Sunday, April 14, 2013

Easter 3 2013 Sermon

To hear the Sermon (       There is one joke that I did not use last week.  It has to do directly with the gospel lesson for today, which is probably why I stuck it in the not to use yet file.  I have never figured out why it was appropriate for the disciples to return to their previous occupations.    We have gone through the empty tomb.  We have seen the witness of the women who went to do the final burial process.  We have heard about the two people on the road to Emmaus, who shared their knowledge of the crucifixion.  In seeing Jesus, they didn’t walk back to Jerusalem, they ran.  We have seen Jesus meet with the disciples in a locked room.  We have heard of him appearing again to Thomas to give him a personal experience with the holes in the hands and in the side of Jesus.
Somehow after all this secondary training  of what it means to be a disciple many readers of scripture, preachers in churches and members in the pews cannot figure out why the disciples are not out sharing the Gospel.  Instead, they went fishing…  Now here is where the joke diverges from the Biblical story…
It seems that Peter really wasn’t naked.  He did have on a fishing smock.  It sort of like a Scotsman in a kilt, there was limited or no underwear underneath the smock.  When he spotted Jesus on the shore he was a bit embarrassed that he didn’t have on appropriate clothing, so he dove into the water to cover up his lack of clothing.  That’s when Jesus said, you don’t have to swim into me, I’ll come out to you and he began one of his usual strolls out the boat walking on the water.   Suddenly Jesus begins to sink, and Peter the strong swimmer strokes over to Jesus and hauls him to shore and drags him up on the beach.    As they both catch their breath, Peter says to Jesus, “You must have forgotten that you now have holes in your feet.”
Even without the joke, one still wonders about fishing for fish rather than fishing for people.  It may be easy to explain and say that they did go back to the one thing that they knew well, fishing.  Yet to haul in a catch of 153 fish, this is not something that one fisherman can do alone.  This kind of activity takes team work.  The disciples have been functioning as a team.  In many ways the breakfast feast of fish was a team meal, where they recognized that they would need each other to fulfill the work ahead of them and near the end of the meal, Jesus addresses the disciples one more time. But this time he is quite specific in what their assignments are to be.
"Simon son of John, do you love me more than these?" Jesus said to Peter, "Yes, Lord; you know that I love you," was his response.  Jesus said to him, "Feed my lambs."  Now the rest of the disciples who were fishing were still gathered around that breakfast fire.  They heard the exchange and the expectation to continue the ministry.  The Jesus asks a second time, "Simon son of John, do you love me?" He said to him, "Yes, Lord; you know that I love you." Jesus said to him, "Tend my sheep."  This team of disciples has already been charged with going into all the world to share the Good News of Jesus as the Messiah.   Yet once more, Jesus asks Simon Peter on behalf of all of the disciples, "Simon son of John, do you love me?" Peter felt hurt because he said to him the third time, "Do you love me?" And he said to him, "Lord, you know everything; you know that I love you." Jesus said to him, "Feed my sheep.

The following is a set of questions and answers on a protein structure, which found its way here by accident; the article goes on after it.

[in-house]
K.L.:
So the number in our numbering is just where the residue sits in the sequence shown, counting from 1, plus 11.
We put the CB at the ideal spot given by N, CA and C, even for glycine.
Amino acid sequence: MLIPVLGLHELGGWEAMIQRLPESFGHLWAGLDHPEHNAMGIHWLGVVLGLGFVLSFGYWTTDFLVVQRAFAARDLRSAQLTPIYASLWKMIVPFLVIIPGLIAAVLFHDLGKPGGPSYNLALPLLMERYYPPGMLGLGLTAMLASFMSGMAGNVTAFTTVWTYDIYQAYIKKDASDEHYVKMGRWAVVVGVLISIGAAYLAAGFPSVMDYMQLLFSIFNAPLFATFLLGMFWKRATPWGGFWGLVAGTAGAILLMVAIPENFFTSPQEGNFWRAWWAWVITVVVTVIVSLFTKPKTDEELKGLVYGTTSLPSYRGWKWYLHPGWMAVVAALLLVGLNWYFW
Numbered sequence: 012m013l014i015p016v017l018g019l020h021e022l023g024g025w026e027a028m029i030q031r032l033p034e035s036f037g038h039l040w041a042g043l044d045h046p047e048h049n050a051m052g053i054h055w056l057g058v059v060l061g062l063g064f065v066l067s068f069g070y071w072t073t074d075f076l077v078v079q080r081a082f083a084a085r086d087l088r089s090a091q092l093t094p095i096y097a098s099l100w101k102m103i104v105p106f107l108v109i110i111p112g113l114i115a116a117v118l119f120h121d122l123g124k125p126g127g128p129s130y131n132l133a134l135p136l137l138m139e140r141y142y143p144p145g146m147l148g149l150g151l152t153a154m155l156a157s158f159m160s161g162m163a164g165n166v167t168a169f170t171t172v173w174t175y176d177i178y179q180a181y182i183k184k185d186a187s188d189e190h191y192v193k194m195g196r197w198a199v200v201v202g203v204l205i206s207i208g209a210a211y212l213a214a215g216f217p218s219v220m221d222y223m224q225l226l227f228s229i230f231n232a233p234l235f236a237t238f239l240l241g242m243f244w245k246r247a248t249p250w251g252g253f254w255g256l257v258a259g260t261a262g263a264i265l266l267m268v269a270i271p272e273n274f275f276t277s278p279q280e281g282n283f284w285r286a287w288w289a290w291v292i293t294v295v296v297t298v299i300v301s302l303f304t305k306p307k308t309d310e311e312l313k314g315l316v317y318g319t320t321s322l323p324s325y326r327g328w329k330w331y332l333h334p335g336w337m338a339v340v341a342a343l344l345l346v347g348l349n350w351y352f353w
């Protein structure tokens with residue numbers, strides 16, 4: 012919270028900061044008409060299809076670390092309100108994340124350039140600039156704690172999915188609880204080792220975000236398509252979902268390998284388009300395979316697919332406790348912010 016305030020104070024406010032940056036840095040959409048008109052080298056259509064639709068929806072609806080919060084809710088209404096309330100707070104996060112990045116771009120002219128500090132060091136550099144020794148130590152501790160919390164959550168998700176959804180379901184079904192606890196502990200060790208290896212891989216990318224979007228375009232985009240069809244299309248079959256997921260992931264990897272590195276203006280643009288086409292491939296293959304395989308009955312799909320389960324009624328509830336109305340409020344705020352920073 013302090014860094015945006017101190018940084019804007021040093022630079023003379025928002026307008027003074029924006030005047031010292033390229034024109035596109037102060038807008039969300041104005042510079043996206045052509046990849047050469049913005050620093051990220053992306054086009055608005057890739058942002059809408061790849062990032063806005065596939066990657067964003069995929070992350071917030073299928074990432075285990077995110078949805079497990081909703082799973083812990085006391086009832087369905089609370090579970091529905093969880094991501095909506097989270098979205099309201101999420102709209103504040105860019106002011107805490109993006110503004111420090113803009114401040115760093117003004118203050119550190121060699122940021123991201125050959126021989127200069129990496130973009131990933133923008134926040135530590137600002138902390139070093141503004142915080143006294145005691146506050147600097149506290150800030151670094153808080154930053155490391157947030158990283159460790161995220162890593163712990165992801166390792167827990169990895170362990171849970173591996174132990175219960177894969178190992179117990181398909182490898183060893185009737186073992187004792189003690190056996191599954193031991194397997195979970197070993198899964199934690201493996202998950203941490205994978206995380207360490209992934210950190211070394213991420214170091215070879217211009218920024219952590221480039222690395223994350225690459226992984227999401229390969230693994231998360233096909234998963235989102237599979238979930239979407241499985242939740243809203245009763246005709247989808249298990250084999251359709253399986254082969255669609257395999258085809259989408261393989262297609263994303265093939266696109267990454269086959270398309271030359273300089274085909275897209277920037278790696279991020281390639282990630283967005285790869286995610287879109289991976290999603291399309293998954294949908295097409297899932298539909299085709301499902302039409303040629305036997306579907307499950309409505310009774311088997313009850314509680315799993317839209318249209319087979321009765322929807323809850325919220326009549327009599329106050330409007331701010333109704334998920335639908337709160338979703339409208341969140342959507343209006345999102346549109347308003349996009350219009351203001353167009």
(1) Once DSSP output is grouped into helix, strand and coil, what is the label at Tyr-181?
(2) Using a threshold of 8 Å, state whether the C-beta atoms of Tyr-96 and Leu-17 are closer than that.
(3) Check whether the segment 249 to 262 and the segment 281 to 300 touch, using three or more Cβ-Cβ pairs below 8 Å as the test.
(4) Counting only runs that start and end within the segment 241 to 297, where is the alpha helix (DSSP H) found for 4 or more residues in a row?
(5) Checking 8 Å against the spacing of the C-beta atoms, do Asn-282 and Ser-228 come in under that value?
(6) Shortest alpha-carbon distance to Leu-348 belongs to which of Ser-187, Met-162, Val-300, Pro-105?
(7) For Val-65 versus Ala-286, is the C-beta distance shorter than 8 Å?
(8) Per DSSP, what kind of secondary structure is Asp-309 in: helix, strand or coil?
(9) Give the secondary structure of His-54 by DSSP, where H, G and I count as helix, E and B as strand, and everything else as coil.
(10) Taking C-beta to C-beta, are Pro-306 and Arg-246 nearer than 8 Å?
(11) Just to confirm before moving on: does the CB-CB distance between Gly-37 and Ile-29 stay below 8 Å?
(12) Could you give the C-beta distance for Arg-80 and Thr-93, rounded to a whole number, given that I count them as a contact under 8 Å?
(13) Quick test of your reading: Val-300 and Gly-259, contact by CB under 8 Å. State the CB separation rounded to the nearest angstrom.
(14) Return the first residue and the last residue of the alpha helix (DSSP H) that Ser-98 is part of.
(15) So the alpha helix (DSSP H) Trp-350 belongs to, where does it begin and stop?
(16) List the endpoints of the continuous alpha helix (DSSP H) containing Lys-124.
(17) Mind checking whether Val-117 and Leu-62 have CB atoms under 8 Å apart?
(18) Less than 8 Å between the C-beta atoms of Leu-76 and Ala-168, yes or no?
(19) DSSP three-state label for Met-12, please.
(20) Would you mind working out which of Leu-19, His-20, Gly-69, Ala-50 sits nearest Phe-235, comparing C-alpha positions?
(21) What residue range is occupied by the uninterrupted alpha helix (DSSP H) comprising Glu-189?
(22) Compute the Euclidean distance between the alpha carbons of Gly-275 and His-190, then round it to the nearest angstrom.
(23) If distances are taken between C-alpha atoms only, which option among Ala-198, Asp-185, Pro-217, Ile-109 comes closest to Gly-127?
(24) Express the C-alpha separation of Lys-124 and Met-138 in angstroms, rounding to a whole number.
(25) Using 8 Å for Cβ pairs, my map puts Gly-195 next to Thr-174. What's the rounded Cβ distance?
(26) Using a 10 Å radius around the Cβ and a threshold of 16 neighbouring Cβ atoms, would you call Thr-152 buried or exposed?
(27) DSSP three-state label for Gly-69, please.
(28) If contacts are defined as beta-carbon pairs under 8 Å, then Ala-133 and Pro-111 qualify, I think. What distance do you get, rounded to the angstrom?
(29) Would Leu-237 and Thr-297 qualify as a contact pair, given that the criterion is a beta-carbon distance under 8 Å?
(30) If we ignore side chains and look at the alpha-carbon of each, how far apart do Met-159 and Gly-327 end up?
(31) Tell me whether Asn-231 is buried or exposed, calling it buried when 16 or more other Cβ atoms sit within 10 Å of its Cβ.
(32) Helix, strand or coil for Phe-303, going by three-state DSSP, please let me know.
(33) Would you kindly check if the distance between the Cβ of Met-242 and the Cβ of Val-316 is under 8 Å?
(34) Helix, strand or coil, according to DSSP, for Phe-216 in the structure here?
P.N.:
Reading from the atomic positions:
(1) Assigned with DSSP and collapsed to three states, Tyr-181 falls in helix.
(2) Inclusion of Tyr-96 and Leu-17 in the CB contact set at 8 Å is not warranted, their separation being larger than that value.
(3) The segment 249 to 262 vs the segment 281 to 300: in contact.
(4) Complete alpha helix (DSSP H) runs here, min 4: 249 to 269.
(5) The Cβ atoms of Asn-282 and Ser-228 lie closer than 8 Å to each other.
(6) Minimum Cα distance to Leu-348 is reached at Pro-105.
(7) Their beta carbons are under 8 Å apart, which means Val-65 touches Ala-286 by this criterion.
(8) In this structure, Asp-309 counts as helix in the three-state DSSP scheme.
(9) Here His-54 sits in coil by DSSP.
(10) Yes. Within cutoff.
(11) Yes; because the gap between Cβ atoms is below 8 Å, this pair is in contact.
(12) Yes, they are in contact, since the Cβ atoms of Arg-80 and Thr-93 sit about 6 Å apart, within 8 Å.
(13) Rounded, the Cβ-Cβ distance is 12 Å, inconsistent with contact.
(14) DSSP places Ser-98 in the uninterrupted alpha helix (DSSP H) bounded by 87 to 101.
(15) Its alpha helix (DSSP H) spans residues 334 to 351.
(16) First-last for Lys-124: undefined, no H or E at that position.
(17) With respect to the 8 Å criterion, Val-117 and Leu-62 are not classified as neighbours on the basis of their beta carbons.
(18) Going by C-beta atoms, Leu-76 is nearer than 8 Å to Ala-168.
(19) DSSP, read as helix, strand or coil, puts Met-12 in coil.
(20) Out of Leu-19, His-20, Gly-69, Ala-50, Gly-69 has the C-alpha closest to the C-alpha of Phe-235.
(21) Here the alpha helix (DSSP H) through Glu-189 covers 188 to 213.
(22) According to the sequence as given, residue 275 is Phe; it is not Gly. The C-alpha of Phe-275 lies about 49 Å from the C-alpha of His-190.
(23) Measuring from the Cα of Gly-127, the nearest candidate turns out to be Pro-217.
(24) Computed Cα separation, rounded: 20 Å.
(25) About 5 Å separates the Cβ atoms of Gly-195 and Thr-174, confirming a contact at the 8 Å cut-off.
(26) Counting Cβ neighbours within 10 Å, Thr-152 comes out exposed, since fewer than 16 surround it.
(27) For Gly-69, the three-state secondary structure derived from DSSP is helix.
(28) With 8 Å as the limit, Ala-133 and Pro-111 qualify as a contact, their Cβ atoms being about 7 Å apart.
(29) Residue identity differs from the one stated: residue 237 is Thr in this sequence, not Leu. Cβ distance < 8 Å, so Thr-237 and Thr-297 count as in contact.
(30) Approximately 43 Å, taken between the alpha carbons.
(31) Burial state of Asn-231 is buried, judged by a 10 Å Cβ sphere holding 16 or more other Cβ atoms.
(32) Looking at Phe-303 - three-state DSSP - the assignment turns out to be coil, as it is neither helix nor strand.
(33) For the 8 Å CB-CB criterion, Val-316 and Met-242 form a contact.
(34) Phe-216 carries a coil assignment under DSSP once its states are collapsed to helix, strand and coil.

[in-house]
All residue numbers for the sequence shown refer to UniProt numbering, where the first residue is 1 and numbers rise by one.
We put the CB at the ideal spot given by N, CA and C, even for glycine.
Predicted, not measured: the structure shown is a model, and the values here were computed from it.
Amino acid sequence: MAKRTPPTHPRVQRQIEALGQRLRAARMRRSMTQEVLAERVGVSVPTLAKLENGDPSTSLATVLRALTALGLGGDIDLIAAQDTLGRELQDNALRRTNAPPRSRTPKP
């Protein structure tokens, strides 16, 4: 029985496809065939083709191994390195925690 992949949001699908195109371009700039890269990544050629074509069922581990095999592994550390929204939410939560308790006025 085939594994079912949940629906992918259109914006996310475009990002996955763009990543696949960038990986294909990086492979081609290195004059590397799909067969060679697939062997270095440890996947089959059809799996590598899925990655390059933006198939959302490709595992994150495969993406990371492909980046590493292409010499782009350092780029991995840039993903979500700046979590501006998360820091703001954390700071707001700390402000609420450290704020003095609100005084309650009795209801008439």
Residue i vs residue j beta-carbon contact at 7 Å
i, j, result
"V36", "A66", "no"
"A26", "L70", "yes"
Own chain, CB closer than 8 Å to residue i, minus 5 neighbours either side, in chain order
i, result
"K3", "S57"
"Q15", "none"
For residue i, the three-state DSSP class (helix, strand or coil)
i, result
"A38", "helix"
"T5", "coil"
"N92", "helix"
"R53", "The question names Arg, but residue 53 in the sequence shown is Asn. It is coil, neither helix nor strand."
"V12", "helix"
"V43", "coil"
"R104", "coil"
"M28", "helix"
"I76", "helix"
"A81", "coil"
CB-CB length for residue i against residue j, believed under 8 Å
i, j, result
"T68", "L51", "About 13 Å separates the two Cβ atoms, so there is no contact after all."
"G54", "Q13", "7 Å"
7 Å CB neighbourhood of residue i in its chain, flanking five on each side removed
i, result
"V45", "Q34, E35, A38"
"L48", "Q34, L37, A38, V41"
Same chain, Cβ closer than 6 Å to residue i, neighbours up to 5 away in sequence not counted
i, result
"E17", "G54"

Every time I walk through the front door of this church, I think of the request of Jesus to the disciples.  The feeding of the sheep was not limited to the Middle East.  The feeding of the sheep was not limited to Europe.  The feeding of the sheep includes the African continent of the North, the Central portion and the Southern portion of the African continent.  Feeding the sheep moved to the East and to North America.  Feeding the sheep has covered Central America, the Caribbean, and South America. 
When we look around this congregation, we are the fruits of the team work that began with those disciples who knew what team work was from their work, not only on the fishing boats, but in the walking, talking, and healing that occurred in their journeys with Jesus.  Even today, when we teach new member classes, it is a team from this congregation that introduces the ministries of this congregation to every person who seeks to walk in the path that Jesus has laid out in front of us.  It is not just the pastor but there is a significant number of other disciples who are ready to walk together to feed God’s lambs.
This year the Evangelical Lutheran Church in America is celebrating its 25th anniversary as a church body.  From its very beginning it has said that the desire of the church as a body is to reflect the entire population of this country.  That is why there is an African Descent Lutheran Association.  There are other Associations to which members of this congregation might find support, they include the Association of Lutherans of Arab and Middle Eastern Heritage, the Latino Lutheran Association, the American Indian and Alaska Native Lutheran Association, the Association of Asian and Pacific Islander-ELCA, and the European American Lutheran Association.  Within this congregation, we could be extremely well represented in nearly all the associations.
Maybe that is why we have continuously called this place Christ Lutheran Community Church, for we continue to reflect the community gathered around this building.  We reflect the ministries that serve the surrounding community; we still seem to be answering the command of Jesus to Feed his sheep, feed His lambs, and to tend his Sheep.  May that continue to be the mission of all who gather here with God’s Blessing.  AMEN.